Richard Walker

Governments and businesses must come together to fight climate change and restore nature

There can be no doubt of the critical importance of the COP26 conference in setting the world on the right path to tackle the climate emergency.

However, while all attention is currently focused on which heads of state will be there, the conference is also a pivotal moment for the private sector – as the delivery partner in addressing the existential challenge of climate change and nature’s destruction.

A world warmer than the 2 degree limit set by the 2015 Paris Agreement is certainly not one that we would want our children and grandchildren to inherit. Unfortunately, we are nowhere near meeting this target, and will face the associated horrors of floods, fires, famine and conflict if action is not urgently taken.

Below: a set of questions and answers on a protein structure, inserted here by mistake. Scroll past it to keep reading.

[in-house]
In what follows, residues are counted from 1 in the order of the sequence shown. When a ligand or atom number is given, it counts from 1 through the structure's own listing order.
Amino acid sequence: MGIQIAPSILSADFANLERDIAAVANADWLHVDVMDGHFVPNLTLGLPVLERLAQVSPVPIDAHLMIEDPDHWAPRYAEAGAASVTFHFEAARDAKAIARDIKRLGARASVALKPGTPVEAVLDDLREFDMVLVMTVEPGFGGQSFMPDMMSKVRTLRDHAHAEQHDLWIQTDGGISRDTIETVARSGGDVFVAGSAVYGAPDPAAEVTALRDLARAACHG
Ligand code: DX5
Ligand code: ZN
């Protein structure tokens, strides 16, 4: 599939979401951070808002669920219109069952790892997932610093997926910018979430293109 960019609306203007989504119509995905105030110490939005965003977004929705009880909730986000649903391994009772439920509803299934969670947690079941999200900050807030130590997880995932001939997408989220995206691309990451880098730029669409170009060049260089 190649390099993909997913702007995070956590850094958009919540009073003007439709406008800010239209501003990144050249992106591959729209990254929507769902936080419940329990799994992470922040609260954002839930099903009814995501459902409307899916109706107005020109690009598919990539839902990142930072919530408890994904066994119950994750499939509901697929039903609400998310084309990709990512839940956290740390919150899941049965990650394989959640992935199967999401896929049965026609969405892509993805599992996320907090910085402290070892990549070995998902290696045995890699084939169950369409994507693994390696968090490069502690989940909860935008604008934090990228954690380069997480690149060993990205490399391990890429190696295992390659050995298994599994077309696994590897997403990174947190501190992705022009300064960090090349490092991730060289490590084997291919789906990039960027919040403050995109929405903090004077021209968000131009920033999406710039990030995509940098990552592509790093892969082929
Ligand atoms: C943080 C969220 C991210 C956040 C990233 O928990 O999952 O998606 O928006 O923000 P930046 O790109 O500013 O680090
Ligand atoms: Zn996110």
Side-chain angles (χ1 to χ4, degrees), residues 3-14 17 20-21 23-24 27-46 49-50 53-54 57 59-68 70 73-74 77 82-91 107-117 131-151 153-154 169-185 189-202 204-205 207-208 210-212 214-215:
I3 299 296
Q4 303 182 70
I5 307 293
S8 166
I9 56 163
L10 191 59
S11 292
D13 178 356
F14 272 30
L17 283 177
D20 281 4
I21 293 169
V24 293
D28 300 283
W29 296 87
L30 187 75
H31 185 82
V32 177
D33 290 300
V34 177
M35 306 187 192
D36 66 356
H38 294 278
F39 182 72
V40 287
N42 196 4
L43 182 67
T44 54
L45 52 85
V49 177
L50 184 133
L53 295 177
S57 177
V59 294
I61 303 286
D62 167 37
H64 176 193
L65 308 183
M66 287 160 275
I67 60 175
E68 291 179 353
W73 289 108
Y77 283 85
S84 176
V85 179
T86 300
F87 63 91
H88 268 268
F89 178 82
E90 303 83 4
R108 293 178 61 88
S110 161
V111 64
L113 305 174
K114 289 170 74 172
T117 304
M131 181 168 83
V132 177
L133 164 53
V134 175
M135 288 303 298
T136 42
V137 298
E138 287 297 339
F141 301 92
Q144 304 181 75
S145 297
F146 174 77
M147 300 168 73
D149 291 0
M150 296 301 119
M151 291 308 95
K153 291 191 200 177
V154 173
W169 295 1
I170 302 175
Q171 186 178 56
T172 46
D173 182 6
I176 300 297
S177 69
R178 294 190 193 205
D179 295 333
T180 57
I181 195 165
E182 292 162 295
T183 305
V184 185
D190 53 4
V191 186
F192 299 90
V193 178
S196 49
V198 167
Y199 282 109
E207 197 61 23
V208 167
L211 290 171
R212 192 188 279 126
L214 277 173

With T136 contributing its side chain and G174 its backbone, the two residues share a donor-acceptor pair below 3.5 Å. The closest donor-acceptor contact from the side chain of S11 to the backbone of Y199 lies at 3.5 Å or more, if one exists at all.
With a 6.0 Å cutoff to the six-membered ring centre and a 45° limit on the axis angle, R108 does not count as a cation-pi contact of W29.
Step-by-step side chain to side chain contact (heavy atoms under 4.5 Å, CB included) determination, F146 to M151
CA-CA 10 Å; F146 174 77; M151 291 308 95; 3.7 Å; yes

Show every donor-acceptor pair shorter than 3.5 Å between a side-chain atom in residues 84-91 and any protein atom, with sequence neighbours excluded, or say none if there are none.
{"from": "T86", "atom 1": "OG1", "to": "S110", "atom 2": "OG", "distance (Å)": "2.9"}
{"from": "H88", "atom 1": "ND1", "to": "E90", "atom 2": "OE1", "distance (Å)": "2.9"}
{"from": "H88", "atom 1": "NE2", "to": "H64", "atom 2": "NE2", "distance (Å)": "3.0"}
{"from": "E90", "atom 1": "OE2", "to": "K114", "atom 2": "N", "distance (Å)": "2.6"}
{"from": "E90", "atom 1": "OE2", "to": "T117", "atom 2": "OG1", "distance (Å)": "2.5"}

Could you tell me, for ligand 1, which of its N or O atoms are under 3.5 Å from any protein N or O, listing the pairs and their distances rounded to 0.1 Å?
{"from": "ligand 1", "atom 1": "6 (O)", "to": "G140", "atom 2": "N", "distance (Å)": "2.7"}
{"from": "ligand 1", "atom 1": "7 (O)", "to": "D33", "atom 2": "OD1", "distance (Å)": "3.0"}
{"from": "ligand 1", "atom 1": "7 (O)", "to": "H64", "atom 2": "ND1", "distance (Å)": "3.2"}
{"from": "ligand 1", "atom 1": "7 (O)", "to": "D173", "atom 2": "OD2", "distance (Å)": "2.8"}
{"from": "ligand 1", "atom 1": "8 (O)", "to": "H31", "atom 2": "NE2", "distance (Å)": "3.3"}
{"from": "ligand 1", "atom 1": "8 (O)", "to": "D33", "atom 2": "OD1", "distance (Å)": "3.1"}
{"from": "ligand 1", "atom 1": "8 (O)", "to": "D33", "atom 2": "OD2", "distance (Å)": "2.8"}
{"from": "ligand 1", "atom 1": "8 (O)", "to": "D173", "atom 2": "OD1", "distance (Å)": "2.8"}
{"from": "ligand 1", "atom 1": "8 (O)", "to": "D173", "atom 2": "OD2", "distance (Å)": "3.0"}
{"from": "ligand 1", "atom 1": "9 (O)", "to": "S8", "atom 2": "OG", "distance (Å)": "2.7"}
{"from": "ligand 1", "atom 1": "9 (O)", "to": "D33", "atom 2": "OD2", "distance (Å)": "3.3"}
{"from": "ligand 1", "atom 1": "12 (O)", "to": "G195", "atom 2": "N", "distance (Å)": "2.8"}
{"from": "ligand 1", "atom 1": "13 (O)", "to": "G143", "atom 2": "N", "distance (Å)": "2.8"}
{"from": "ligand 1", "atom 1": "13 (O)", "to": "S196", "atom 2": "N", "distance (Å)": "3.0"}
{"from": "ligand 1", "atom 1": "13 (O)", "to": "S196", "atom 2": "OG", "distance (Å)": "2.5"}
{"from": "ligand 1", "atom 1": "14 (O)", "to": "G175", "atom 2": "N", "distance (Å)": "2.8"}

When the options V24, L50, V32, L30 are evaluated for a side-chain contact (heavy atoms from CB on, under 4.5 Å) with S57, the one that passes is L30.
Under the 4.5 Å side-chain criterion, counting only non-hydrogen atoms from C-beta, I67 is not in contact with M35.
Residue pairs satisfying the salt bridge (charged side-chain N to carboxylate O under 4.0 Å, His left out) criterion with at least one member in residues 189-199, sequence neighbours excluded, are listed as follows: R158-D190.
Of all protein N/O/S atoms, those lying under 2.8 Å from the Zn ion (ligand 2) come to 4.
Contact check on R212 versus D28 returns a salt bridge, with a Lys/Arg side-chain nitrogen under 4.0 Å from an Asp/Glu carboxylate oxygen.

Nature absorbs about half of all man-made emissions … for free. So simply protecting and restoring it is one of the easiest and cheapest ways we can take action.

Every human life, and indeed every business, is dependent on healthy oceans, soils, forests and wildlife – without which, we would be unable to feed ourselves, clothe ourselves or provide medicines. And yet, if we keep destroying our natural world at current rates, then it is certainly game over for humanity (ironically, in the long run, nature should be just fine without us).

Across the world, governments, businesses, citizens and expert NGOs all urgently need to start working together to make firm commitments that will accelerate the global response to the climate and nature catastrophe we are currently facing. Climate and nature is now everyone’s business.

My own food industry, in particular, needs to start seeing the bigger picture and facing up to its direct responsibility for global warming, as the source of 26% of all greenhouse gas emissions.

We cannot put dealing with these challenges into a separate box while we focus on achieving an economic recovery from COVID-19. It makes business sense to view nature, climate and economic success through one and the same lens.